Antisemitism is on the rise, and it's not just about Ye
ARI SHAPIRO, HOST:
A very old kind of hate has been very visible lately. High-profile entertainers and athletes have openly shared anti-Semitic tropes. The former president recently dined with a Holocaust denier at Mar-a-Lago. And beyond these headlines, hate crimes against Jews have been increasing, too.
NPR's Lisa Hagen is covering this story. Hey, Lisa.
LISA HAGEN, BYLINE: Hi, Ari.
SHAPIRO: Describe this trend for us. What's going on?
HAGEN: So 2021 was the highest year on record for documented reports of harassment, vandalism and violence directed against Jews. And that's according to the Anti-Defamation League, which has been tracking these incidents since 1979. And it says not only is 2022 not looking to be much different than last year, but these record-breaking numbers are also part of a period of five or six years of consistent increases in these incidents. And that's unprecedented in the ADL's three-plus decades of data collection.
SHAPIRO: OK. So these incidents are at an all-time high. What do they tend to look like?
HAGEN: You know, this five-year period we've seen has included these big acts of violence like the 2018 mass shooting at the Pittsburgh Tree of Life synagogue, where a gunman killed 11 worshippers. But there are also thousands of smaller incidents - vandalizing Jewish schools, community centers and extremist flyering campaigns. At the ADL, it's Emily Snider's job to document and categorize these reports. And she gave me this example from last year that really haunts her.
EMILY SNIDER: Two young Orthodox boys were, like, playing in their yard in California and were shot with paintballs, with red paintballs. And we saw pictures of them. And, I mean, it - heartbreaking; absolutely heartbreaking.
HAGEN: The kids were 11 and 13. And while they weren't seriously injured, that's not the kind of experience you forget. It's the same for their family and community.
SHAPIRO: Hate crimes have been on the rise against other groups, too, in the past few years. So what's the relationship between anti-Semitism and other forms of hate?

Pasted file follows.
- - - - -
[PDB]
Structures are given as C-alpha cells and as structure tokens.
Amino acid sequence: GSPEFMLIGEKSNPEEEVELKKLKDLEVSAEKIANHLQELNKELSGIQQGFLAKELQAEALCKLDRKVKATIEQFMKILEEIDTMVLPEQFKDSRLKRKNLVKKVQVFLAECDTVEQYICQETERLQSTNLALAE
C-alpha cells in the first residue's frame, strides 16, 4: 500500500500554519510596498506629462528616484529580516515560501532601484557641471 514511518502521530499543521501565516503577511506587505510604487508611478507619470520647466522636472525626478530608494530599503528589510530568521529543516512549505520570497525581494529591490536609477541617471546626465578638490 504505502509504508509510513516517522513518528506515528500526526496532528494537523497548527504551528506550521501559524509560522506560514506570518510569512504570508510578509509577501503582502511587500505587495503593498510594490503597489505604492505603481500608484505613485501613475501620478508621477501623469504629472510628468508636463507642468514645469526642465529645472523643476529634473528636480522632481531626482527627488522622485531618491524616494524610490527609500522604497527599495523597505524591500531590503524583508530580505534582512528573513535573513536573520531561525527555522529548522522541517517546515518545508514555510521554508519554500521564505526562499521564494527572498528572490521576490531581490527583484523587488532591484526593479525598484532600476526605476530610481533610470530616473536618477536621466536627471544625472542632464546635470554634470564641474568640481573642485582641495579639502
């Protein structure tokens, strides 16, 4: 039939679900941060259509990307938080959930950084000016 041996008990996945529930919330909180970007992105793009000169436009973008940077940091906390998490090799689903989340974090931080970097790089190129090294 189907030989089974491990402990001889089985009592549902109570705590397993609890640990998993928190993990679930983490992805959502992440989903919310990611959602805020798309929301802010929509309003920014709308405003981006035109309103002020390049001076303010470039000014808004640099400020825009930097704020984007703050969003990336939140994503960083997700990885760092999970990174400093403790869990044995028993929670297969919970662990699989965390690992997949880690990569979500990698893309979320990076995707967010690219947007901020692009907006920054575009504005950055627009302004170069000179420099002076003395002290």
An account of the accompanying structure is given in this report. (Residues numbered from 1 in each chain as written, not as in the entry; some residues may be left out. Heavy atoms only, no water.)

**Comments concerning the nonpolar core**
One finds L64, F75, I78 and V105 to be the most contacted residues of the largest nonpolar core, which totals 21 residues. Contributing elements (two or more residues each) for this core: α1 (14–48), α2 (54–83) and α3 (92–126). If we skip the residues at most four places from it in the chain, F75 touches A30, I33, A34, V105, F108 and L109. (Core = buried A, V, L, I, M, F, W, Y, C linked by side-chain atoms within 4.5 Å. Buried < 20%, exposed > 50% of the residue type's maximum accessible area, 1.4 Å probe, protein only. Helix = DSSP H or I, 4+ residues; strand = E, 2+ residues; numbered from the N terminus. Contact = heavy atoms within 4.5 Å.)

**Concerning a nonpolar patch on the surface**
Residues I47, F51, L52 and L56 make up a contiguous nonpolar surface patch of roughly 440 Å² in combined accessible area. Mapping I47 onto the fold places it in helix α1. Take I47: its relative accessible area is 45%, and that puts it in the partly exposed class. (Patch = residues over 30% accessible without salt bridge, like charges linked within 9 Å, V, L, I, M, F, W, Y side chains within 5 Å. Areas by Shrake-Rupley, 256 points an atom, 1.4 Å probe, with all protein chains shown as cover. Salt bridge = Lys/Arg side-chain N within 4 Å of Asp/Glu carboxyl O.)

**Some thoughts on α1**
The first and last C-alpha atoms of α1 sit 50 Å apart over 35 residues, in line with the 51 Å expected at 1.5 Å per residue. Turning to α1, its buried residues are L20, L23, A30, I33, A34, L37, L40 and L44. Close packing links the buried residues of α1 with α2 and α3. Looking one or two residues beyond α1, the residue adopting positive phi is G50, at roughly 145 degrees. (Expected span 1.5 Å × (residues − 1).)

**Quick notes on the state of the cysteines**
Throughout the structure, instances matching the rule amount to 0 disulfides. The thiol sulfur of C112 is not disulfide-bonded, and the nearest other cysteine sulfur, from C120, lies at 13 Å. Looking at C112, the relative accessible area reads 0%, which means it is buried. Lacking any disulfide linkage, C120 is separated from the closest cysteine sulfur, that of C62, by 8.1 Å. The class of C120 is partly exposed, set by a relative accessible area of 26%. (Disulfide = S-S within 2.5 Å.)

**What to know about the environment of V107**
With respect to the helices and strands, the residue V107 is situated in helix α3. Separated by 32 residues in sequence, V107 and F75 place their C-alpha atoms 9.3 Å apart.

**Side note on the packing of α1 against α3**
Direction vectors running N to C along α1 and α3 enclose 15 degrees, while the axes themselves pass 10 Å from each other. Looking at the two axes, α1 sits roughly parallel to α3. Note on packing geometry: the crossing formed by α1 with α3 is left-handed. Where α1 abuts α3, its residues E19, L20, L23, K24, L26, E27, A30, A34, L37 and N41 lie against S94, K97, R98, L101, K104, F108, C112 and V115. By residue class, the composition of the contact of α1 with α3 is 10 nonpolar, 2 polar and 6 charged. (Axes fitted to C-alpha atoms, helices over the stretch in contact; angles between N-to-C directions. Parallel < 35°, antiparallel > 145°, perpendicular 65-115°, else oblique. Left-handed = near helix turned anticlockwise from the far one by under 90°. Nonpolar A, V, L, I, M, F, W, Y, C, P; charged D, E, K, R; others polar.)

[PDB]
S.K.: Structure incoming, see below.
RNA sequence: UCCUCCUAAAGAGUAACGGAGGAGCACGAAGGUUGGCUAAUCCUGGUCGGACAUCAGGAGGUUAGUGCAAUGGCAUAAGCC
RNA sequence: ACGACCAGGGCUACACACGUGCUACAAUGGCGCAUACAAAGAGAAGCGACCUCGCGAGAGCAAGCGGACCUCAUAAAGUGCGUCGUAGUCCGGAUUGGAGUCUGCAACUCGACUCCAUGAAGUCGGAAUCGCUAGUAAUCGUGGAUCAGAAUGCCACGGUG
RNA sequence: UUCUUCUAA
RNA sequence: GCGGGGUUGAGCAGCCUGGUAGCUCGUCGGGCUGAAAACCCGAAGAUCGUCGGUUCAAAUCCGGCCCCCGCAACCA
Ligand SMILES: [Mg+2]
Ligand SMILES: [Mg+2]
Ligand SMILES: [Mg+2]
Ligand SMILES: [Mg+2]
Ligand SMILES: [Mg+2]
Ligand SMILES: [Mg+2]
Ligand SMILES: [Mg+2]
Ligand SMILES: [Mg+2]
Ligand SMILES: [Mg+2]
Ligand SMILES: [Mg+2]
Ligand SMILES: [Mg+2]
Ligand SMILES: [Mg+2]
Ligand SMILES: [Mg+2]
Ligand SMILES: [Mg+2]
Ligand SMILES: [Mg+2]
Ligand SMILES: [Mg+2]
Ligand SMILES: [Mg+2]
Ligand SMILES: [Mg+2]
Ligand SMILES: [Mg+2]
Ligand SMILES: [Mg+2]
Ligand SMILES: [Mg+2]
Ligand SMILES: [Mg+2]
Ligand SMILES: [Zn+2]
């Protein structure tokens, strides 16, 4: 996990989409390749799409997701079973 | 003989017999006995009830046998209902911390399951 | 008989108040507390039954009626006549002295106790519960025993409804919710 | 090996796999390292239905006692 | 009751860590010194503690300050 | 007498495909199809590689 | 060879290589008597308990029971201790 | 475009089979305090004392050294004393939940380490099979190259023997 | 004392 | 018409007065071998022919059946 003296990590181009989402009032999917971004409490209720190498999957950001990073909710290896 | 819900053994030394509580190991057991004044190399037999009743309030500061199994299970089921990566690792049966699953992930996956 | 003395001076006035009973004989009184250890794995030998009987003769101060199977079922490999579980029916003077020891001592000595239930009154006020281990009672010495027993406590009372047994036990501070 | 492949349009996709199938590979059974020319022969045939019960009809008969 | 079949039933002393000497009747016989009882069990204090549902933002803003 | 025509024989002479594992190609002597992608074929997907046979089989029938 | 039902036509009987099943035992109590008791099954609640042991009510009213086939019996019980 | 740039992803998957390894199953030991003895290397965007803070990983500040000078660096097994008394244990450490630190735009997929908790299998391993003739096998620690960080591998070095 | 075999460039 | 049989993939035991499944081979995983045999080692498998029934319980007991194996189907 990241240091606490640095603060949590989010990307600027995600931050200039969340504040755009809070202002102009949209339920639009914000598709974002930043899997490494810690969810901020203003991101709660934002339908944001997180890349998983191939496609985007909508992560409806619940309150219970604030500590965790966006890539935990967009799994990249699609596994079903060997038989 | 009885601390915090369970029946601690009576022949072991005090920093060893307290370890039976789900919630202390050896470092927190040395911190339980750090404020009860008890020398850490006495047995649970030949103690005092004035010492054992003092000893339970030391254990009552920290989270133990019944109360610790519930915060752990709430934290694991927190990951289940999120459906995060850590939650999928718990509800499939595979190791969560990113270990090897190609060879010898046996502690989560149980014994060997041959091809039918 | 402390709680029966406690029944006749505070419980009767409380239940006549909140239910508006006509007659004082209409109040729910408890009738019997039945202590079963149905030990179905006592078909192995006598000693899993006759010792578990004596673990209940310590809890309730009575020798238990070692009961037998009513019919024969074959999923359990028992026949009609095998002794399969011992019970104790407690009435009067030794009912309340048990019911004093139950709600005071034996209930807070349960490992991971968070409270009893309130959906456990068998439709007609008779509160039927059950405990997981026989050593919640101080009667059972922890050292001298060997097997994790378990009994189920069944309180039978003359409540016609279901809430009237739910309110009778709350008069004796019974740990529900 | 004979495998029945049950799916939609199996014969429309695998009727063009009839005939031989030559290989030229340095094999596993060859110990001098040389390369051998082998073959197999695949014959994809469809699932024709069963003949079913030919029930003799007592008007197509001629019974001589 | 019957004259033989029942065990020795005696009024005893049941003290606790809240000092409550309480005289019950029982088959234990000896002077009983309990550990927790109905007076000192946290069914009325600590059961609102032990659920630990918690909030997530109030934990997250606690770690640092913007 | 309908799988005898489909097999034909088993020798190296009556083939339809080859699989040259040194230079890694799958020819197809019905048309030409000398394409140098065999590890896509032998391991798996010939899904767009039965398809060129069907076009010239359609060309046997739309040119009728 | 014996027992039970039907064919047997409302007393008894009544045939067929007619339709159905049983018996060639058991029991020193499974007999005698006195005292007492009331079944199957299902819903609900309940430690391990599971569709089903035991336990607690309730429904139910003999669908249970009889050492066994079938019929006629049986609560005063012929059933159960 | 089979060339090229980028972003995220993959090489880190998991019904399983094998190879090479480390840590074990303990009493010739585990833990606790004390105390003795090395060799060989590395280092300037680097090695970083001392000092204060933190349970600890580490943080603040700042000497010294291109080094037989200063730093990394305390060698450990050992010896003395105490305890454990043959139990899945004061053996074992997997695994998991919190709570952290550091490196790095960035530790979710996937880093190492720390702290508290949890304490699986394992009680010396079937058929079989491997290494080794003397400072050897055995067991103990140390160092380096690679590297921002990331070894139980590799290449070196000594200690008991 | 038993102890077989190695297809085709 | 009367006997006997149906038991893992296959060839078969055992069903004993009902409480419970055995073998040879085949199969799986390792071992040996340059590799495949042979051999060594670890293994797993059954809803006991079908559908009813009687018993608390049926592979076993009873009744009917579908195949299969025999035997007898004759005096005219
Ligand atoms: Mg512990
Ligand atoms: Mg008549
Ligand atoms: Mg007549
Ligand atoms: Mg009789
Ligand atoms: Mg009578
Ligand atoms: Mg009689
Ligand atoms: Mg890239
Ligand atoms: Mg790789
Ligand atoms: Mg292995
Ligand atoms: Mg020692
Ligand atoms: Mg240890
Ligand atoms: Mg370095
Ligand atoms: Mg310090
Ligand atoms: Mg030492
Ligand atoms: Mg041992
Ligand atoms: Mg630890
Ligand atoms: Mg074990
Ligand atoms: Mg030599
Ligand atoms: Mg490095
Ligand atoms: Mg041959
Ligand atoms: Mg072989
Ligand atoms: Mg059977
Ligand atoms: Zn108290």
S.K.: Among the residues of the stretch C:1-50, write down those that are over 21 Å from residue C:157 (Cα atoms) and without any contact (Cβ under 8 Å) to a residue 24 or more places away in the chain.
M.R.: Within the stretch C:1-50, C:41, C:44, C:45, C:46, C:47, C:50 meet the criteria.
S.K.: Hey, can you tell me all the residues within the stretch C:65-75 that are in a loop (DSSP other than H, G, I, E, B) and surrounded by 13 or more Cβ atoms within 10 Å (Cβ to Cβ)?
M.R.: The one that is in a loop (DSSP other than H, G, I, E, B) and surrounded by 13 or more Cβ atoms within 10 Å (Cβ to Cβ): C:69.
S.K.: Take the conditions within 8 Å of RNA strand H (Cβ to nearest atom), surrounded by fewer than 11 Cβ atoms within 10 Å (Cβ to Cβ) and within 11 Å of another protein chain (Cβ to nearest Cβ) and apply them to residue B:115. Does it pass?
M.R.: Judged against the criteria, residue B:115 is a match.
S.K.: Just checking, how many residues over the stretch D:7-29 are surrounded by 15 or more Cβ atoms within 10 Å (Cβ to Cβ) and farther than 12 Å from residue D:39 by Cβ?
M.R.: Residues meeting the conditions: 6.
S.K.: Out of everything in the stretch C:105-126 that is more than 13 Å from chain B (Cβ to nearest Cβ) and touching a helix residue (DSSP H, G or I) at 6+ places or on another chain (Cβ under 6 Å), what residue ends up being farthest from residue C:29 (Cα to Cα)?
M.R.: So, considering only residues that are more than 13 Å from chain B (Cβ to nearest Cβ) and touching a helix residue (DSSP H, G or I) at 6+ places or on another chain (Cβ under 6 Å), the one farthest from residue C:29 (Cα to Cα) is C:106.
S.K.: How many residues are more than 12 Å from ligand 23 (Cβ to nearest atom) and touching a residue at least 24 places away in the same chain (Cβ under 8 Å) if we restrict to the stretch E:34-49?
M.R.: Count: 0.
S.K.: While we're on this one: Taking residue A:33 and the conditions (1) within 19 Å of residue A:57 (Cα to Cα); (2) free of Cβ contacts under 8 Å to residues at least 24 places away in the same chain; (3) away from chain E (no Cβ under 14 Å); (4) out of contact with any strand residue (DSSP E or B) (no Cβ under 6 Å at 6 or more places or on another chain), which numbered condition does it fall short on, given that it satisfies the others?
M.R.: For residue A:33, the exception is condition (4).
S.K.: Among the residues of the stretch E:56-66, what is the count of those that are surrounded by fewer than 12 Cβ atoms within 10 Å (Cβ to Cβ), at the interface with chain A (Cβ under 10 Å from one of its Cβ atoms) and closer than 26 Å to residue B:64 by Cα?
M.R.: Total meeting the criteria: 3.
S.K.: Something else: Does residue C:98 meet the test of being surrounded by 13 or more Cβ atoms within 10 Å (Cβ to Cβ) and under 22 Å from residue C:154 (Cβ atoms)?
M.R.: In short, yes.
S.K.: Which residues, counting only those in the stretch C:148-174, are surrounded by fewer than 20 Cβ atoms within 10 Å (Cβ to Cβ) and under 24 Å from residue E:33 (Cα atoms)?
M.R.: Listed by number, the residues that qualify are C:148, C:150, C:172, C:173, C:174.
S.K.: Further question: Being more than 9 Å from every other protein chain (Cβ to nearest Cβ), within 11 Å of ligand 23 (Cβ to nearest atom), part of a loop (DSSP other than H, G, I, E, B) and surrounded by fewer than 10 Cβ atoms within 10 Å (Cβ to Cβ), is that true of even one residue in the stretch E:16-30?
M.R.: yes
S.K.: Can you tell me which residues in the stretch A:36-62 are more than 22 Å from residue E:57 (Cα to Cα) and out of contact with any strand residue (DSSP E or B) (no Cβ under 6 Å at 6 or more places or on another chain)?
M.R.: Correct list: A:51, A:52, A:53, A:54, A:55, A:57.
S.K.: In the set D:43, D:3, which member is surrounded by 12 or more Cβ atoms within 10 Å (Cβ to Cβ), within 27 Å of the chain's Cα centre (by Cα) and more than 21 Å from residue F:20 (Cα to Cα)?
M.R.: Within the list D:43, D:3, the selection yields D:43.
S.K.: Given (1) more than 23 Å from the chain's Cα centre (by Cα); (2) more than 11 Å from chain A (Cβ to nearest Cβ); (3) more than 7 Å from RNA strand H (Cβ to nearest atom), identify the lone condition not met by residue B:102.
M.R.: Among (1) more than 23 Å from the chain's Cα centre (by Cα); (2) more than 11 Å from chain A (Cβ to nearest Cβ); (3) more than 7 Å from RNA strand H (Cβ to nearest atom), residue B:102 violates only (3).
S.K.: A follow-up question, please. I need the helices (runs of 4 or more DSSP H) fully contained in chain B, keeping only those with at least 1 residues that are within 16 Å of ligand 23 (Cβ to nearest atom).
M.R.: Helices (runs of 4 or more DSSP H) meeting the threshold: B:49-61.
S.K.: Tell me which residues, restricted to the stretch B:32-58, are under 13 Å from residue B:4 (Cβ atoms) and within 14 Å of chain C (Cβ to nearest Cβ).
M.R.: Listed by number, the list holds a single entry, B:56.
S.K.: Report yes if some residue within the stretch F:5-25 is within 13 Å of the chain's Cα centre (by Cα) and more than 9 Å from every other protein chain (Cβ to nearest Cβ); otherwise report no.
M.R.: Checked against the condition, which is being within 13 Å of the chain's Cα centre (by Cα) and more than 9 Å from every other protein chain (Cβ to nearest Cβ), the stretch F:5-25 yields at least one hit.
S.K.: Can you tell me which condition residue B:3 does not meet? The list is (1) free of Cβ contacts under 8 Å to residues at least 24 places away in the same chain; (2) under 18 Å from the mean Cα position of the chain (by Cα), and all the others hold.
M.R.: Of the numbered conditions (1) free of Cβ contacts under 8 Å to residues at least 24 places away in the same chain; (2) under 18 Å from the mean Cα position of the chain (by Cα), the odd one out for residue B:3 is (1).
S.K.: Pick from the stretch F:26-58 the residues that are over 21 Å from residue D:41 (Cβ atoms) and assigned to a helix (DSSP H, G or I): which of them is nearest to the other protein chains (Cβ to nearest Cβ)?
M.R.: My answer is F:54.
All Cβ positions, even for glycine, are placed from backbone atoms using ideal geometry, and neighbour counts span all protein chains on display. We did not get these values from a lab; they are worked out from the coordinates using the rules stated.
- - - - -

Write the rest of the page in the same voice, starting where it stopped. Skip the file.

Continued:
HAGEN: Yeah. You often hear experts refer to anti-Semitism as a kind of canary in the coal mine. If any minority group is being blamed for some real or perceived harm, those narratives usually find ways to also attack Jews based on century-old myths. Sometimes, you know, someone can be upset about Black people demonstrating about racism. You can blame a pandemic on anyone who looks Asian. Or if you're angry about the visibility of transgender people and queer culture, it's a pretty short leap to conspiracy thinking. Here's Snider again.
SNIDER: And Jews are centered in a lot of conspiracy theories, especially around economy or power or greed or whatever. Like, those are core anti-Semitic tropes. So when we start to see unrest, we tend to see anti-Semitic incidents climb.
SHAPIRO: OK. So, Lisa, we might not hear about most incidents of vandalism or harassment, but we've heard a lot about a dinner that former President Donald Trump had with Ye, who used to go by Kanye West, who's made a number of anti-Semitic and anti-Black remarks, and also a notorious Holocaust denier, Nick Fuentes. So what happens when overt anti-Semitism intersects with electoral politics?
HAGEN: Whenever we see celebrities or politicians flirting with anti-Semitic tropes, it tends to be an opportunity for extremists or neo-Nazis to up their recruitment and harassment campaigns. So Trump is not the first Republican candidate or official to hang out with Nick Fuentes and later claim not to know about his very outspoken anti-Semitic beliefs. Earlier this year, Georgia Congresswoman Marjorie Taylor Greene also spoke at a fundraiser hosted by Fuentes. Arizona Congressman Paul Gosar also addressed that same event. Neither of them faced any consequences from the GOP, and both have since been reelected. So when Republicans take over the House in January, Greene is expected to regain committee assignments that Democrats stripped her of based in part on her anti-Semitic conspiracy theory beliefs. So the more commonplace antisemitism becomes, the more fertile the ground gets across the country for all kinds of hate, along with the potential for real violence.
SHAPIRO: That's NPR's Lisa Hagen. Thank you.
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